R.M.N. Review: A Boiling Pot Of Xenophobia Laid Bare [Cannes]

There's a gloomy discontent in "R.M.N." — a feeling of dread hiding just beneath the surface. Director Cristian Mungiu taps into a feeling of underlying xenophobia that remains pervasive across certain parts of Europe. It's a feeling we know all too well in the UK.

"R.M.N." largely focuses on the fear of the outsider as a small multi-ethnic region in Transylvania struggles to get to grips with who they despise the most. A vein of nationalism runs through their community, and when Matthias (Marin Grigore) returns home to the region, he's met with some of the very attitudes he's been trying to avoid. Matthias lost his job in a German slaughterhouse after assaulting a foreman who used racist slurs against him. But a cold reception when he returns to his hometown exposes some truths others would rather remain hidden.

Matthias is having an affair with a chic Hungarian woman, Csilla (Judith State). Of course, his wife (Macrina Bârlădeanu) knows what's going on ... but it's more than that. Csilla has brought a workforce of Sri Lankans to the region to run her fancy new bakery, and the locals are up in arms, even though none of them wanted those jobs anyway. It's the age-old argument of bigots and racists that's expertly laid bare by Mungiu in this gripping, darkly foreboding drama of a village on the brink of eating itself alive. And that's only the start of Matthias' problems.

A scientific examination of racism

Although it may sound like a straight-up drama about a migrant workforce, "R.M.N." is far more subtle than that. A brain scan (or RMN in Romania) reveals that Matthias' father is very sick. His father's condition proves to be yet another pervasive fear for Matthias. It's also an interesting allegory for the examination of social division in their village, as a nebulous invading condition that creeps through the community at large.

It's here that Mungiu's storytelling really shines as he builds up layers upon layers of symbolism. "R.M.N." is a deeply concerning, pessimistic story that provokes discussion of xenophobic attitudes that have come to light across Europe. The "othering" of a race of people such as the Sri Lankans is a bold move, reflecting the community's innate preference to blame its problems on everyone else.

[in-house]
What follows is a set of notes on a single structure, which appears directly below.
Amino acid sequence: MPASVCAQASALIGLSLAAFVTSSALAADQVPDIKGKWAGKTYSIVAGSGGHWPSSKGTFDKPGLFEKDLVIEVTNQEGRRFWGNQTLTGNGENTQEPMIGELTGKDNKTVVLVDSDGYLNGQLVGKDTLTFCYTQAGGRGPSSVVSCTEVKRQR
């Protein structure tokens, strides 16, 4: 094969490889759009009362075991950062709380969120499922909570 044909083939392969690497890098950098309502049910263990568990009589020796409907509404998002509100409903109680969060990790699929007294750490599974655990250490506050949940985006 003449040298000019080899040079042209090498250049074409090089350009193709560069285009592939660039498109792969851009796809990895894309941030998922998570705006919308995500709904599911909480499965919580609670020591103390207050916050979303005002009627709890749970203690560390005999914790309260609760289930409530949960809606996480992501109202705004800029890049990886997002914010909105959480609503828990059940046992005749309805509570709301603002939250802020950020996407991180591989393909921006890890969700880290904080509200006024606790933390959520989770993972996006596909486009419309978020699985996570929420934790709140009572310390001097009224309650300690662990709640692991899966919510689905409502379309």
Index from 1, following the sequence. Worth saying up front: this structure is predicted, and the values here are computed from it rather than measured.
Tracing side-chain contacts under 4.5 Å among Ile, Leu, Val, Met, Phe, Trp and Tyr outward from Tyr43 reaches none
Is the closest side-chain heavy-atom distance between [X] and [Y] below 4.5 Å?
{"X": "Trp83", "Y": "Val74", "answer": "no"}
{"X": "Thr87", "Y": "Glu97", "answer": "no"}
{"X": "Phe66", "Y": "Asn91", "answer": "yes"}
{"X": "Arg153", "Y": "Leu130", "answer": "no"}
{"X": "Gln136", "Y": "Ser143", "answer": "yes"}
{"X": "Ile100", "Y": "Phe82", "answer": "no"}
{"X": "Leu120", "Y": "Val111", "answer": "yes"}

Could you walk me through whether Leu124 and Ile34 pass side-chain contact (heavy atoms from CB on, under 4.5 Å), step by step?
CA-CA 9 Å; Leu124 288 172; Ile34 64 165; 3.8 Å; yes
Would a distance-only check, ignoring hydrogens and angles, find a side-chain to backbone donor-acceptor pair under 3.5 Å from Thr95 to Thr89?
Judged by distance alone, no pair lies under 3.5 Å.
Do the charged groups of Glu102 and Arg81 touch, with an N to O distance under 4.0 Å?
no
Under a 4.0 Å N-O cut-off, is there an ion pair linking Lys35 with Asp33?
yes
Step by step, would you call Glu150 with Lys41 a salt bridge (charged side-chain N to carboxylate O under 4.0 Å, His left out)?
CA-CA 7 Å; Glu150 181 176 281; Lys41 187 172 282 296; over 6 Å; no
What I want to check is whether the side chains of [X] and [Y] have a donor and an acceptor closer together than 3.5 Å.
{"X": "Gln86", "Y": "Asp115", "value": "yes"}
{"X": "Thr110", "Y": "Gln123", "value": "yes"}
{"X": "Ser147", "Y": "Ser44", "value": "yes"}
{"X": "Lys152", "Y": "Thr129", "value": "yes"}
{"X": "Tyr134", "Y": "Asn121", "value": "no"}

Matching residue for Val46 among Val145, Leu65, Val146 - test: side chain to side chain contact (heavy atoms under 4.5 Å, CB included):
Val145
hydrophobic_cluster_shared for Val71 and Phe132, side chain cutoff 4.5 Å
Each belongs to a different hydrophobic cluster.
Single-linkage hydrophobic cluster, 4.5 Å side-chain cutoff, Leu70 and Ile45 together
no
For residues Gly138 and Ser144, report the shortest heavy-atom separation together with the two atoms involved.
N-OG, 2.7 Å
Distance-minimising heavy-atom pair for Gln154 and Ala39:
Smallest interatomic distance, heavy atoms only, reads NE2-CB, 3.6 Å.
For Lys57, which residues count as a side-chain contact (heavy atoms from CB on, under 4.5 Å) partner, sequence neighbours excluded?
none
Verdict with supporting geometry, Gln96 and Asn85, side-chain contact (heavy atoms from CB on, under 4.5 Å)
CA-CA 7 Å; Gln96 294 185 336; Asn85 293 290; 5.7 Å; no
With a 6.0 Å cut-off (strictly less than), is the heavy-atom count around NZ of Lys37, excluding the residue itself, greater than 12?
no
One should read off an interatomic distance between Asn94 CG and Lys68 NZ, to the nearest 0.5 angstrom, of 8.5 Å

And then there's the story of Matthias' son. Rudi (Mark Blenyesi) witnesses something in the woods, something so terrible that it stuns him into completely shutting down, losing his voice in the process. Again, it's a neat bit of symbolism that lets Mungiu examine how we perceive external dangers in the community. And though we never quite know what Rudi saw, there's always the possibility that the thing that goes bump in the night is just nature's way of reminding us to band together.

Unfortunately, this small community won't listen. Instead, the quarreling locals take every chance they get to pounce on the outsiders, throwing insults and derisions at both the Sri Lankans and the French researcher who's monitoring the town's bear population.

A stark warning about social division

Ultimately, "R.M.N." has a lot to say about xenophobic attitudes, and with a beautifully stark Transylvanian backdrop, it's easy to get lost in the grim grandeur of it all. One particular scene exposes the true heart of the community's darkness — a lengthy, excruciatingly tense town hall discussion is Mungiu's show-stopping highlight. A single, unbroken shot that hangs in the air for almost 20 minutes, it's an unsympathetic dissection of the village's increasingly persistent racist paranoia.

And with several things going on all at once, it'll have you on the edge of your seat. Matthias exemplifies the tensions we see throughout, played pitch-perfectly by Grigore. A man on brink of ruin, his financial strain is carried on his shoulder wherever he goes, with toxic masculinity and shows of abusive, brutal male strength the only outlet for his frustrations.

"Beware of wild animals," reads a sign seen early in the film. That warning resonates throughout "R.M.N." and is again a wonderful symbol of the strife carried throughout the film. But it's even more poignant in the film's final act, which goes to some surprisingly strange places.

One thing's for certain — "R.M.N." is by no means a pedestrian affair, with Mungiu's mastery of the Transylvanian landscapes the perfect backdrop for the exploration of some heavy issues. There's a lot to unpack by the time the credits roll. But it's deserving of every stray thought you'll return to in the days after watching it.

/Film Rating: 7 out of 10

"R.M.N." premiered as part of the Cannes Film Festival 2022.